Try This With Your Students!
Have you ever been Booed? Booing your neighbors is a way to enjoy the Halloween season by secretly giving treats and scary trinkets before Halloween day. As the tradition goes, once your household gets Booed, you have to Boo two other households on the following day. A household can only be Booed once, and each household can only Boo two other households.
a. If only one person in the United States starts the Booing process, and everyone who is Booed follows all the rules, on what day should the first person start the Booing process so that every household in the United States gets Booed before October 31st?
b. Make a prediction. If two people in the United States start the Booing process on the exact same day, how will this impact your answer from part (a)? Check your prediction by determining what happens when two people start the Booing process on the same day.
c. If the Booing process begins on October 22nd, how many people need to start the Booing process so that every household in the United States is Booed before Halloween day?
Your students will need to seek out the number of households in the United States to completely answer part (a). Do not tell them that they need this information. Instead, allow them the opportunity to develop the need for the information and seek out a way to retrieve it on their own. For your reference, as of 2018, there were 127,590,000 households in the United States.
Depending on the grade level of your students, expect them to begin part (a) in several different ways. Students in later grades who attempt an equation right away may struggle. If this happens, ask, What does this situation look like? This may lead students to draw a diagram or to make a table. Encourage students to look for patterns regardless of the approach they take. Students in earlier grades will most likely start by drawing a picture or acting out the situation with their classmates. Encourage this sort of thinking and acknowledge both approaches as great solving strategies. Whenever possible, encourage visual representations of the situation to help students make sense of the problem.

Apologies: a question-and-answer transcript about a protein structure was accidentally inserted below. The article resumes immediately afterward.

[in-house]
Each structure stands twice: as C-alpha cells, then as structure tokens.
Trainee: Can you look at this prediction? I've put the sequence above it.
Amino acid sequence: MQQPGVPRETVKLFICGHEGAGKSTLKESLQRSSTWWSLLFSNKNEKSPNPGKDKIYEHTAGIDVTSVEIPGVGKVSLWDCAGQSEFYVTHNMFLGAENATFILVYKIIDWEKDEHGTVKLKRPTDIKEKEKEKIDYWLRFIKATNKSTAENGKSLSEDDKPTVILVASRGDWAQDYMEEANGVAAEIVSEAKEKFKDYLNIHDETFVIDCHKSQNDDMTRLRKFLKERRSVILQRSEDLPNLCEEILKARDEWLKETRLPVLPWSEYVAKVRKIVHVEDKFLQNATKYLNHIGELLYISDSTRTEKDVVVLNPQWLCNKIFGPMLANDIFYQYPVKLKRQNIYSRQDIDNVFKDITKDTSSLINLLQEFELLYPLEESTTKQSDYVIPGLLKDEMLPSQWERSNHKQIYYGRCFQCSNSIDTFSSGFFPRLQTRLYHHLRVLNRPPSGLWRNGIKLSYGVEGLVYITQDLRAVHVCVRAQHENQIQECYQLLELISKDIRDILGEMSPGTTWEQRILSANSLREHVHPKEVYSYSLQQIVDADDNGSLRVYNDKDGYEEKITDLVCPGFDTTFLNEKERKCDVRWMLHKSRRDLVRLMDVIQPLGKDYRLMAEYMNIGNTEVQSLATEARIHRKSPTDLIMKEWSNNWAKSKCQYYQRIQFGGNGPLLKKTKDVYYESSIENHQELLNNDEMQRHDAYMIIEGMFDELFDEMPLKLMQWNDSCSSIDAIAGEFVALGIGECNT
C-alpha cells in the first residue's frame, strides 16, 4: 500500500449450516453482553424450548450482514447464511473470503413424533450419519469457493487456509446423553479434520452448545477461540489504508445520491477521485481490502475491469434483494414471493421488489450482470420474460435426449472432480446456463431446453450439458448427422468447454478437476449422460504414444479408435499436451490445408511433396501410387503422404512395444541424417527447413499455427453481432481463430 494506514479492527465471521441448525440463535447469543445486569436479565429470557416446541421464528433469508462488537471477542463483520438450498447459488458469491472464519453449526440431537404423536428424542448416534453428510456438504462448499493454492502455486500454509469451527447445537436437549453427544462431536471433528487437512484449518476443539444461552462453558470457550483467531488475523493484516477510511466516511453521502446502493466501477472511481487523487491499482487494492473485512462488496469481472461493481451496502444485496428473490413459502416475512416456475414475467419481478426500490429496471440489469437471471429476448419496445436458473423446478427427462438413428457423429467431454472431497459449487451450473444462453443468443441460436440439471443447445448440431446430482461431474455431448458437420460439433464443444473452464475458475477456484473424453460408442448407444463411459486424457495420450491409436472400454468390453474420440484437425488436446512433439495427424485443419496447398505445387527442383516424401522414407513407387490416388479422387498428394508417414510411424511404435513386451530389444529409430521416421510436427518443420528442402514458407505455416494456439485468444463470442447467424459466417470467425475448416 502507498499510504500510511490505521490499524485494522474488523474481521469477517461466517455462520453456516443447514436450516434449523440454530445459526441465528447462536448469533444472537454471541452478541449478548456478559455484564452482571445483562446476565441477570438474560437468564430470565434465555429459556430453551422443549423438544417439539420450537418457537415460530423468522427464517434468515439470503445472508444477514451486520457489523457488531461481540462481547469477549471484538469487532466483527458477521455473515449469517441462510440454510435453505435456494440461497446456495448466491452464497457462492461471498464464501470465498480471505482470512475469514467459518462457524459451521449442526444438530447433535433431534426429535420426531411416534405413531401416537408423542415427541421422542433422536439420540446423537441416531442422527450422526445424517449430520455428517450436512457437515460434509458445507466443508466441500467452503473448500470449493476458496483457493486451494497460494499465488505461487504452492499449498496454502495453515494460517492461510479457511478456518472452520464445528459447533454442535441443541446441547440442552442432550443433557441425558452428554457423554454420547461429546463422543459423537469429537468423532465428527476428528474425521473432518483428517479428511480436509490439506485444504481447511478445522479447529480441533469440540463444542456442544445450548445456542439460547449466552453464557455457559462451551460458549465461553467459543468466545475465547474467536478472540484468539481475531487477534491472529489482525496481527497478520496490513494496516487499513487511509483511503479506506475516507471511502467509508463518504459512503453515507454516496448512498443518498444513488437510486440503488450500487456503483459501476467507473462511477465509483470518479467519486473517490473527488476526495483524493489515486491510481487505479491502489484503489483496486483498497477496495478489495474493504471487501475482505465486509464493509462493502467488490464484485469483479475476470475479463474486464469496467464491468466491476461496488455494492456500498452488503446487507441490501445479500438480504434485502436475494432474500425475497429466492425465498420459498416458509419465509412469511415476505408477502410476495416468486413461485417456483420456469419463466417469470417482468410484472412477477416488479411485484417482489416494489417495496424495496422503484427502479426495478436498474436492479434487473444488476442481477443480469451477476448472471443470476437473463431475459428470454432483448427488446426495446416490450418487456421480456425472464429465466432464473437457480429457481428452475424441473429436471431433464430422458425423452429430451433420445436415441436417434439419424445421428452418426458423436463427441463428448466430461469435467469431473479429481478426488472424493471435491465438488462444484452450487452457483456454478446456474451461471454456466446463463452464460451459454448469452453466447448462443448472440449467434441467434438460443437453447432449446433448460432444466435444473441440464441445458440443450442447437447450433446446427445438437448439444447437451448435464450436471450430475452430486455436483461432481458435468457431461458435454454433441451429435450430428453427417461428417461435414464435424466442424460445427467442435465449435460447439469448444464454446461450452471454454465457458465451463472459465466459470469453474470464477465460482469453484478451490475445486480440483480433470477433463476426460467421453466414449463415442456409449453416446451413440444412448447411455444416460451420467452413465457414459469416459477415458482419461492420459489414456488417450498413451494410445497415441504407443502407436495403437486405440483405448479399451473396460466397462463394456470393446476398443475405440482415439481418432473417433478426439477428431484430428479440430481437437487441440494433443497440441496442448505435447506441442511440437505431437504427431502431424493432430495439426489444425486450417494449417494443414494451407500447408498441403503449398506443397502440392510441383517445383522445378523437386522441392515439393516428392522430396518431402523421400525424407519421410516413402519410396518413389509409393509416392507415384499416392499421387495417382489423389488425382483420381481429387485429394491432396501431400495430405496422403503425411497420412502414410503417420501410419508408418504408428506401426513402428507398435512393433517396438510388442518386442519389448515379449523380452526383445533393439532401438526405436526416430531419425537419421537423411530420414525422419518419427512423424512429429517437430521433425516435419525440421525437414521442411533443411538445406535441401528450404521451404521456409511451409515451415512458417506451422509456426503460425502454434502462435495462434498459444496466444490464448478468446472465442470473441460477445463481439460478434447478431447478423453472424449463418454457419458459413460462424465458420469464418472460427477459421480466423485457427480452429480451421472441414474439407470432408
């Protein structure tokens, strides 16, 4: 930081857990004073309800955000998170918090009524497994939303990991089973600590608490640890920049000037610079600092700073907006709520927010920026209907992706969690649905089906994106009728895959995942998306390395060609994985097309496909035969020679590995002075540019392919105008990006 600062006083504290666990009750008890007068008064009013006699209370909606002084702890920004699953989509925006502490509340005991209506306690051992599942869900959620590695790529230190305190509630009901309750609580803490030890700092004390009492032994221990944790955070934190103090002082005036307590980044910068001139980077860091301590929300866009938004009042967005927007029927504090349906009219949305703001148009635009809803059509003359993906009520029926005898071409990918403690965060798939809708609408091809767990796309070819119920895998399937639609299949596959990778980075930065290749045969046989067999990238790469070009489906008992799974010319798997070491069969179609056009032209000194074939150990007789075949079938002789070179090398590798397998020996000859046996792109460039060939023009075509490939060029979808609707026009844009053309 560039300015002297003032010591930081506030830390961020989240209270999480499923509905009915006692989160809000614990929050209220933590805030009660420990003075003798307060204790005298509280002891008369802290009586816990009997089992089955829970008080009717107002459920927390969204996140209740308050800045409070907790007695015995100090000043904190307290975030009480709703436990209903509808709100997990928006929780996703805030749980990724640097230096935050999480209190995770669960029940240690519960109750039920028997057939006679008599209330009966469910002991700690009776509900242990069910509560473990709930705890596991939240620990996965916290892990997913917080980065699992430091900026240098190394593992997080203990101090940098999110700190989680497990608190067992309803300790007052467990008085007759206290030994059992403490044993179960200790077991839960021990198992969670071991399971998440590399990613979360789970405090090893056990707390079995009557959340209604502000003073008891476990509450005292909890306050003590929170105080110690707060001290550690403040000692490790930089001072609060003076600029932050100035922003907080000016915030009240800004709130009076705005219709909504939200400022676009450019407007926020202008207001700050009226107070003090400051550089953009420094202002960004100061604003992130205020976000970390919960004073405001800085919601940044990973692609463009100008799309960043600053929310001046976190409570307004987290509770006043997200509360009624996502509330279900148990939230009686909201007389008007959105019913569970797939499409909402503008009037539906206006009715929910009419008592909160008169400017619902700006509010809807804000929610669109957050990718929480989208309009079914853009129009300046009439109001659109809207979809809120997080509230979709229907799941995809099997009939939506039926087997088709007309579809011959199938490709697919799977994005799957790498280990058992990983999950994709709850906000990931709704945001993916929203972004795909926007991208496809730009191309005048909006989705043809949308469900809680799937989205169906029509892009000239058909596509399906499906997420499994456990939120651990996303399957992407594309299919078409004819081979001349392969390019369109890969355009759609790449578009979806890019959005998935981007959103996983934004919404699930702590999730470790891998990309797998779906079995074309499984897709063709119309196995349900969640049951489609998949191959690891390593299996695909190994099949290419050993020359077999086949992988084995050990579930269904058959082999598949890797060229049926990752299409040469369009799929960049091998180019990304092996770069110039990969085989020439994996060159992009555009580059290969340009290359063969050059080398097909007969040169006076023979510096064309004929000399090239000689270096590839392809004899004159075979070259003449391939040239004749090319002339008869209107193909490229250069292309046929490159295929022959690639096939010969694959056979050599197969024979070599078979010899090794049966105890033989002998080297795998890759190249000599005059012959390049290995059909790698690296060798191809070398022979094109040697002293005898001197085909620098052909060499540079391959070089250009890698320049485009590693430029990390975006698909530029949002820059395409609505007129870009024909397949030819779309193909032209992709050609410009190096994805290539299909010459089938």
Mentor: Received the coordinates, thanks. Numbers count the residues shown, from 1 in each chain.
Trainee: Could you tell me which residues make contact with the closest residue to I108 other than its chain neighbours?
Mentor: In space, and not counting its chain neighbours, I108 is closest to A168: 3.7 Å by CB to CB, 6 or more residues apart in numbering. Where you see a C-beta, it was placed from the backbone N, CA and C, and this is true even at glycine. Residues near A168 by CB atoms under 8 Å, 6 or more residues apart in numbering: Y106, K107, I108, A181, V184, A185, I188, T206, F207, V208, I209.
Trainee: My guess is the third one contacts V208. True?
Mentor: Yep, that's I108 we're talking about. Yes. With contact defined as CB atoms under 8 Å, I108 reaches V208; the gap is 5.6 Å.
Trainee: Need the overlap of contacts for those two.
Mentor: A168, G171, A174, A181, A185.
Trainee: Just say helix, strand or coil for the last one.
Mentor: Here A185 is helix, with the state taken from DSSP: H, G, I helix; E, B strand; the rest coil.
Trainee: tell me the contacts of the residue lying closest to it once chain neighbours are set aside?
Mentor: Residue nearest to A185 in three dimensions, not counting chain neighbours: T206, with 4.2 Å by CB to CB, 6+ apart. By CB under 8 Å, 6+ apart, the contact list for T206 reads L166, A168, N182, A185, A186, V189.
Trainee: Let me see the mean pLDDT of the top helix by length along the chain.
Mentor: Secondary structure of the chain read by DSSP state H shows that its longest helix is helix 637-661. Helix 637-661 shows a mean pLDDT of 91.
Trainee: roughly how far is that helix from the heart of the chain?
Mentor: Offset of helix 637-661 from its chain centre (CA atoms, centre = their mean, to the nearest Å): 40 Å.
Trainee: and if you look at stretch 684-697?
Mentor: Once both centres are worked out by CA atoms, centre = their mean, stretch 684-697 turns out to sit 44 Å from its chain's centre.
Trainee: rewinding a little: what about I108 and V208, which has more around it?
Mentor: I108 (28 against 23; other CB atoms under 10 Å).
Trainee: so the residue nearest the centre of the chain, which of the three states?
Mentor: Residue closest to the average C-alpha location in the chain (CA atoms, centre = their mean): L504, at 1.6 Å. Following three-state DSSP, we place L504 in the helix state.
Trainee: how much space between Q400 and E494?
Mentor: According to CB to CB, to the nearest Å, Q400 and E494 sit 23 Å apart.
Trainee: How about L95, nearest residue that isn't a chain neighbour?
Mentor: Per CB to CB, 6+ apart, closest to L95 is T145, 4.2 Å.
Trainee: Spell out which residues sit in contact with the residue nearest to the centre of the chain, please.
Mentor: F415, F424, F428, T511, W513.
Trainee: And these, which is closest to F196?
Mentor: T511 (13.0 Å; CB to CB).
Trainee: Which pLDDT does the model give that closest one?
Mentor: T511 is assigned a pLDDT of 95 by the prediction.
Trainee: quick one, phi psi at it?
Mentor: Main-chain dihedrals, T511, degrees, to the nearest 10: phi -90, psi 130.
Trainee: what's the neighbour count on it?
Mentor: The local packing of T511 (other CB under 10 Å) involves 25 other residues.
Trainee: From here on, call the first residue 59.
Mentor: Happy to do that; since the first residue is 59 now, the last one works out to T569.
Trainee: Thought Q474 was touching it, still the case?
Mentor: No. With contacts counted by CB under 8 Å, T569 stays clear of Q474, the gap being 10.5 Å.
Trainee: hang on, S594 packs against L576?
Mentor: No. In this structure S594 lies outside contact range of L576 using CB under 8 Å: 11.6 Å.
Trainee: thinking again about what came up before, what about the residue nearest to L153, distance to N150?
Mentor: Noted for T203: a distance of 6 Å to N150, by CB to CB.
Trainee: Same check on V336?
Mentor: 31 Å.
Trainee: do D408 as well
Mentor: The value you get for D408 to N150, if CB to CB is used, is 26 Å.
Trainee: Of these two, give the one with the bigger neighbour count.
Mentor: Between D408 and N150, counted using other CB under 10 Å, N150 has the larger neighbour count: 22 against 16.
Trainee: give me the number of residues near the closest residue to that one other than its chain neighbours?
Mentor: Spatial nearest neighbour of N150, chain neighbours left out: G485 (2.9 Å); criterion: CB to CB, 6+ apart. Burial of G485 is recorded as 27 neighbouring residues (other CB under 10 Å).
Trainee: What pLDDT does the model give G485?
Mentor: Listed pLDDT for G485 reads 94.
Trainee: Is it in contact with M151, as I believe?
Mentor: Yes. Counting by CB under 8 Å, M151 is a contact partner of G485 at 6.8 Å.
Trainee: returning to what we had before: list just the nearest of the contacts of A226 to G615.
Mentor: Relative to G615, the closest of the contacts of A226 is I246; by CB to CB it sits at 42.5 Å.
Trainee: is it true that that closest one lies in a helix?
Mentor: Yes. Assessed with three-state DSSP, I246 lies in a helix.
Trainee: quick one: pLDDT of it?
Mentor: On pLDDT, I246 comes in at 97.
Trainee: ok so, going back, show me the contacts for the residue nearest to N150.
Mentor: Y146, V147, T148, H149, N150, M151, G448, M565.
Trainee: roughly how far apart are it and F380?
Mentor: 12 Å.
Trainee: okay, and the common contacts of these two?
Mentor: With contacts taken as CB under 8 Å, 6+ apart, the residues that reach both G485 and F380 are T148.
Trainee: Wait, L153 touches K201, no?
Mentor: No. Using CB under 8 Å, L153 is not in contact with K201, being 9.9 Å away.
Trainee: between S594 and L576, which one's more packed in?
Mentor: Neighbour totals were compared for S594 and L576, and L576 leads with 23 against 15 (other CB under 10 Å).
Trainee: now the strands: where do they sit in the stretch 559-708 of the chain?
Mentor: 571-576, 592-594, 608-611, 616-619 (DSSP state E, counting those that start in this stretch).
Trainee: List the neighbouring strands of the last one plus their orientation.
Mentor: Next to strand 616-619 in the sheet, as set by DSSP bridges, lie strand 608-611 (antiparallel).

Your students may ask about households that do not celebrate Halloween. If they are concerned about including them, ask, How would you determine the number of households to exclude? Allow them a few minutes to brainstorm a way to determine a reasonable number. If they cannot come up with something reasonable, such as only using the number of households with children, then just have them use the number that is available.
For part (b), make sure students commit to a prediction before determining the exact answer. If two teams have created similar diagrams or tables, they can place their work side-by-side to model the new situation. For students in later grades who were able to write an equation, they may be able to see this problem as the addition of functions. For instance, if the function that models part (a) is f(x), then a strategy to approach part (b) is to solve f(x) + f(x) = 127,590,000 or 2f(x) = 127,590,000. A common prediction is to think the process takes half of the time if two people start on the same day. Students who make this prediction will later realize this is not correct.
For part (c), students with more advanced algebraic solving strategies at their disposal may not be challenged by this problem as much as students without these skills. Assuming the 22nd of October leaves nine days to reach every household, students can solve 127,590,000 = p(2(2)9 − 2) for p, where p represents the number of people starting the Booing process. Otherwise, students can look for the number of Booed households after nine days in one of the representations they already have. They can then divide 127,590,000 by that number.